In honor of National Co-op Month—an annual opportunity to raise awareness of the cooperative business model—the U.S. Agency for International Development (USAID)’s Office of Local Sustainability is spotlighting its work with cooperatives around the world.
As the COVID-19 pandemic continues to disrupt businesses and supply chains around the world, understanding the impact on specific sectors is critical.
That’s why U.S.-based cooperative development organizations Equal Exchange, Global Communities, NCBA CLUSA and Land O’Lakes Venture37 decided to study agricultural cooperatives in eight countries. Their research found that government restrictions on mobility and decreased consumer spending had profound effects on cooperative businesses, including operational delays and reduced revenue.
Individual cooperative members have also seen a decline in their household income and food security due to market disruptions. In Rwanda, for instance, the price of maize dropped by 33 percent. One cooperative member noted that this drastic change reduced his family’s income, impacted their food security and caused him to default on his bank loan.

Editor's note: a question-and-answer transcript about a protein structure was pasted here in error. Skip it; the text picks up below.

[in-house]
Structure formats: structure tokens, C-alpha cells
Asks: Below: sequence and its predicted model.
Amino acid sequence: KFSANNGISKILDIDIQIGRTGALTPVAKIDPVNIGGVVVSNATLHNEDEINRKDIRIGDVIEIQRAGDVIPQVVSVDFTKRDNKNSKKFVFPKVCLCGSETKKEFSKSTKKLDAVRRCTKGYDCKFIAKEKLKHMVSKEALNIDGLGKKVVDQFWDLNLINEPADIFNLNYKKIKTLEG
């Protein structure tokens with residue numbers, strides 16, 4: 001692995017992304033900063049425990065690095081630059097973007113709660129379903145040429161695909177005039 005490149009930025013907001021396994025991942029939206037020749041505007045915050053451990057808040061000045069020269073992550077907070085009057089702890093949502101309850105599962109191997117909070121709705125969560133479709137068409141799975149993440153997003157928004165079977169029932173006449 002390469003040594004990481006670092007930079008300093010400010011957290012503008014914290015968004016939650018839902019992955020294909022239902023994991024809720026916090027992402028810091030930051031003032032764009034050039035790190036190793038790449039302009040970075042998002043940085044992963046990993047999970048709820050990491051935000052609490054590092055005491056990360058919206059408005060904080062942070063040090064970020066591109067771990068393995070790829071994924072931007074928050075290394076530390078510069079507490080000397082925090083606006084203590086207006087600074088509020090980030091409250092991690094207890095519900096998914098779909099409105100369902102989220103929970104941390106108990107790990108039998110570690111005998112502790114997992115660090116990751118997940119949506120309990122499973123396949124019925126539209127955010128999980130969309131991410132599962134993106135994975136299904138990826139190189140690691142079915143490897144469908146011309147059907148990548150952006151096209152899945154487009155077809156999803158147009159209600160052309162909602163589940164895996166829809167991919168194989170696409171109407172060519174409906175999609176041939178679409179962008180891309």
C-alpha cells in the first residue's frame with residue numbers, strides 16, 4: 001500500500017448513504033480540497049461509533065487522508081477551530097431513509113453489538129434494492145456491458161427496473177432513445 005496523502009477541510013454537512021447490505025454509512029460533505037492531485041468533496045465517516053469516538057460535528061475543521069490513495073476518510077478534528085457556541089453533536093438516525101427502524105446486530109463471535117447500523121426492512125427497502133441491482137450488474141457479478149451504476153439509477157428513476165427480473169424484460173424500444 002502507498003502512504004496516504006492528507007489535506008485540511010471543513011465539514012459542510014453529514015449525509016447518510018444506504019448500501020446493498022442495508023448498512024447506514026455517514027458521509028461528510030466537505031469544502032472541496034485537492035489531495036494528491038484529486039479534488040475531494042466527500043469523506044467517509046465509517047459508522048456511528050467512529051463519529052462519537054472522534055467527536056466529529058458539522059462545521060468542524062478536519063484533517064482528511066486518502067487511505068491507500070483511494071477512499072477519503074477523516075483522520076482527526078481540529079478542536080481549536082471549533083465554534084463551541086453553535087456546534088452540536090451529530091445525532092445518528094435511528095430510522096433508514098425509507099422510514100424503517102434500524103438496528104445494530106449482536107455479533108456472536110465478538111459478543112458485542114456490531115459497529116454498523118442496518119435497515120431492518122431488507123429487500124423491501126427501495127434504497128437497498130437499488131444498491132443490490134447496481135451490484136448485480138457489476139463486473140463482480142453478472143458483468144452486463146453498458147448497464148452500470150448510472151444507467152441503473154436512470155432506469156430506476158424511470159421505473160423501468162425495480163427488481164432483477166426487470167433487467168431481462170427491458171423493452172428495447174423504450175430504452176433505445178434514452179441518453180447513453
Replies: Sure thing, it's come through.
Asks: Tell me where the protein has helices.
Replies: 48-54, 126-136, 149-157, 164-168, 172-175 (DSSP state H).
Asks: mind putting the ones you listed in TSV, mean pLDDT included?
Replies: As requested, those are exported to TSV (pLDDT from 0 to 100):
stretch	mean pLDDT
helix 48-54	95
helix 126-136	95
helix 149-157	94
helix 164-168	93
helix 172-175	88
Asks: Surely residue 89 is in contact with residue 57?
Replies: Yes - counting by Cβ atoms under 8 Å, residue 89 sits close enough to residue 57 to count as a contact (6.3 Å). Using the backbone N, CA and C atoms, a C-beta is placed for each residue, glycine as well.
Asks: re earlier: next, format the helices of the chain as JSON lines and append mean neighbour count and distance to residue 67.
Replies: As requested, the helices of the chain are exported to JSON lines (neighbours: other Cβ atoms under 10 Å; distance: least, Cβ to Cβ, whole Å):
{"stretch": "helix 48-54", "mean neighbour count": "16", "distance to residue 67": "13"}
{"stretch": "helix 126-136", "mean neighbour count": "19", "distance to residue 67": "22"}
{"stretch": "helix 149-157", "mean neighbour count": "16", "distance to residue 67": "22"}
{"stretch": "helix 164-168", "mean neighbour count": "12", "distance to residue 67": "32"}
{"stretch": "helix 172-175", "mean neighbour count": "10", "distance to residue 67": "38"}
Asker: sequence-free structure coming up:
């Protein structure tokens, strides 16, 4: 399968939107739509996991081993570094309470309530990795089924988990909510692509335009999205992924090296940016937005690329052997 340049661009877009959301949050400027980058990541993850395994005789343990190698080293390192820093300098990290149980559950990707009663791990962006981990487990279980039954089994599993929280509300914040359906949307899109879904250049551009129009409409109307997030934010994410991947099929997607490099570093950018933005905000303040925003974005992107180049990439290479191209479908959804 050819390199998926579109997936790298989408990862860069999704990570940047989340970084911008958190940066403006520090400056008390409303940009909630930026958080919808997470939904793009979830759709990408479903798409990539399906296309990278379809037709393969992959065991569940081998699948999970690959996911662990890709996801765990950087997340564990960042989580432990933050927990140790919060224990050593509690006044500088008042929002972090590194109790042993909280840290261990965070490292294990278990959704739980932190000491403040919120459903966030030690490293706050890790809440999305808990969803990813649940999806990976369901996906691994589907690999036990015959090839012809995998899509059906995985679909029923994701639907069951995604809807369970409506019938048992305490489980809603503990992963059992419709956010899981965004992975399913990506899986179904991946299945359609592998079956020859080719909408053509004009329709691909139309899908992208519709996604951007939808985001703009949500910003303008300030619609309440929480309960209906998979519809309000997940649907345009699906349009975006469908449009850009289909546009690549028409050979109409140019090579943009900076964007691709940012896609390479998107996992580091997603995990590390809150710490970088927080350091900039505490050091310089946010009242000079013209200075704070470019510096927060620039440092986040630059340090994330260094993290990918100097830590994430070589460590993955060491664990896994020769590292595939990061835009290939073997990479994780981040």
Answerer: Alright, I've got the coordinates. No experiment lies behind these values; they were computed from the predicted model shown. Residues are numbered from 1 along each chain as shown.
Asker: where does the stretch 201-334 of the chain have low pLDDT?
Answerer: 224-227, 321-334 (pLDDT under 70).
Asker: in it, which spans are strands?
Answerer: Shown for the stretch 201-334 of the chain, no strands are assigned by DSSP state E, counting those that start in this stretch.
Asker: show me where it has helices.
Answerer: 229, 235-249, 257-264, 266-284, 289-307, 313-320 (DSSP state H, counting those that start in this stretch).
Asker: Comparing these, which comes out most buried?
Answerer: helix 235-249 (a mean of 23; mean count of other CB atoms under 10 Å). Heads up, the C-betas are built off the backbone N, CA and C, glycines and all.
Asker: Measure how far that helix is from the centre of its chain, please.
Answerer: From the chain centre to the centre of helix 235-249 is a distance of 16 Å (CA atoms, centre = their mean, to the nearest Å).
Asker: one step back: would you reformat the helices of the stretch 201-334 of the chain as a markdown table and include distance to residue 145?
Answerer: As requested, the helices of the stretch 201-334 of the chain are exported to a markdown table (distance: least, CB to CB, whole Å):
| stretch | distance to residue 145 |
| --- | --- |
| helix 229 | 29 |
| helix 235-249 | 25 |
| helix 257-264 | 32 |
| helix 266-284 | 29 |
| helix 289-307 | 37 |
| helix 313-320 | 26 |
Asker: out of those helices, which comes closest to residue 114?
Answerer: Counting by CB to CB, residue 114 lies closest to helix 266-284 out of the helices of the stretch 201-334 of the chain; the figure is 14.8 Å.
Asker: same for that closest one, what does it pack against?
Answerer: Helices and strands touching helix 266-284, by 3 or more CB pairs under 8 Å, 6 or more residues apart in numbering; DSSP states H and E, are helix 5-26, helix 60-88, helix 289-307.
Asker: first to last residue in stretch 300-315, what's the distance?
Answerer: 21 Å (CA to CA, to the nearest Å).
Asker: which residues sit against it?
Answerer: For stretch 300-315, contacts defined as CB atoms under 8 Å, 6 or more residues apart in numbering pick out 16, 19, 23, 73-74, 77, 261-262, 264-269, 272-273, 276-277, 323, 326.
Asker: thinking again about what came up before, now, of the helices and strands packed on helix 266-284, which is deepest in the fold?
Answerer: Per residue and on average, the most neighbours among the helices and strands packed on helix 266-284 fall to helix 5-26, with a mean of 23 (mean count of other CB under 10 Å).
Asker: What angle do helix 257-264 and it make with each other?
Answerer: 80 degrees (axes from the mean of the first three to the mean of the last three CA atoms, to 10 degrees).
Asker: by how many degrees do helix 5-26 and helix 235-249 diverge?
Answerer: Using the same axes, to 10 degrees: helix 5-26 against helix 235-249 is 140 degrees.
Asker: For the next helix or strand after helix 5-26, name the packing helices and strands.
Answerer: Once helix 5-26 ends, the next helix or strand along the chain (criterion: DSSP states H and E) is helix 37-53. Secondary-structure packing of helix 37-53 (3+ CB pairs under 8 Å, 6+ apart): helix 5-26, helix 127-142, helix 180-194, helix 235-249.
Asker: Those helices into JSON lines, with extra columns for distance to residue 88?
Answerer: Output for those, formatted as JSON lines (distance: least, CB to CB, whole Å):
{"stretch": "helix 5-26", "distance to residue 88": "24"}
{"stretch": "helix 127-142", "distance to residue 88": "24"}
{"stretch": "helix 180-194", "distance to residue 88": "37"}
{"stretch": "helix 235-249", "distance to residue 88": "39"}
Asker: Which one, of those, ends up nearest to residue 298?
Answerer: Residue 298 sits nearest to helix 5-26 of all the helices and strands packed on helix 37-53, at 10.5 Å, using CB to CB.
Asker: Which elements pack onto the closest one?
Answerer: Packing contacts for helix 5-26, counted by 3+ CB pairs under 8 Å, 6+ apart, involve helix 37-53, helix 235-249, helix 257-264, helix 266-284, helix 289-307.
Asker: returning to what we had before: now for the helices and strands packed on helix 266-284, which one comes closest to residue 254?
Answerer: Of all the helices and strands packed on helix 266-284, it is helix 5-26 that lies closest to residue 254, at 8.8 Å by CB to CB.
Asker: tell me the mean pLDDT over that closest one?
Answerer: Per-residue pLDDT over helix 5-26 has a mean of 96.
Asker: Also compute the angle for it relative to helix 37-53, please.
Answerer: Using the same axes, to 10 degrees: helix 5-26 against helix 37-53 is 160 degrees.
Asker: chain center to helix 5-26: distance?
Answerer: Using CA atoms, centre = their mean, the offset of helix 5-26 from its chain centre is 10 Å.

The findings weren’t all bad, however: high levels of social capital between cooperative leaders and members enabled these businesses to be a trusted source of information and services. Health and safety guidance and small loans are just a few of the ways cooperatives have minimized the impact of pandemic-related stressors for cooperative members and contributed to their ability to overcome these challenges.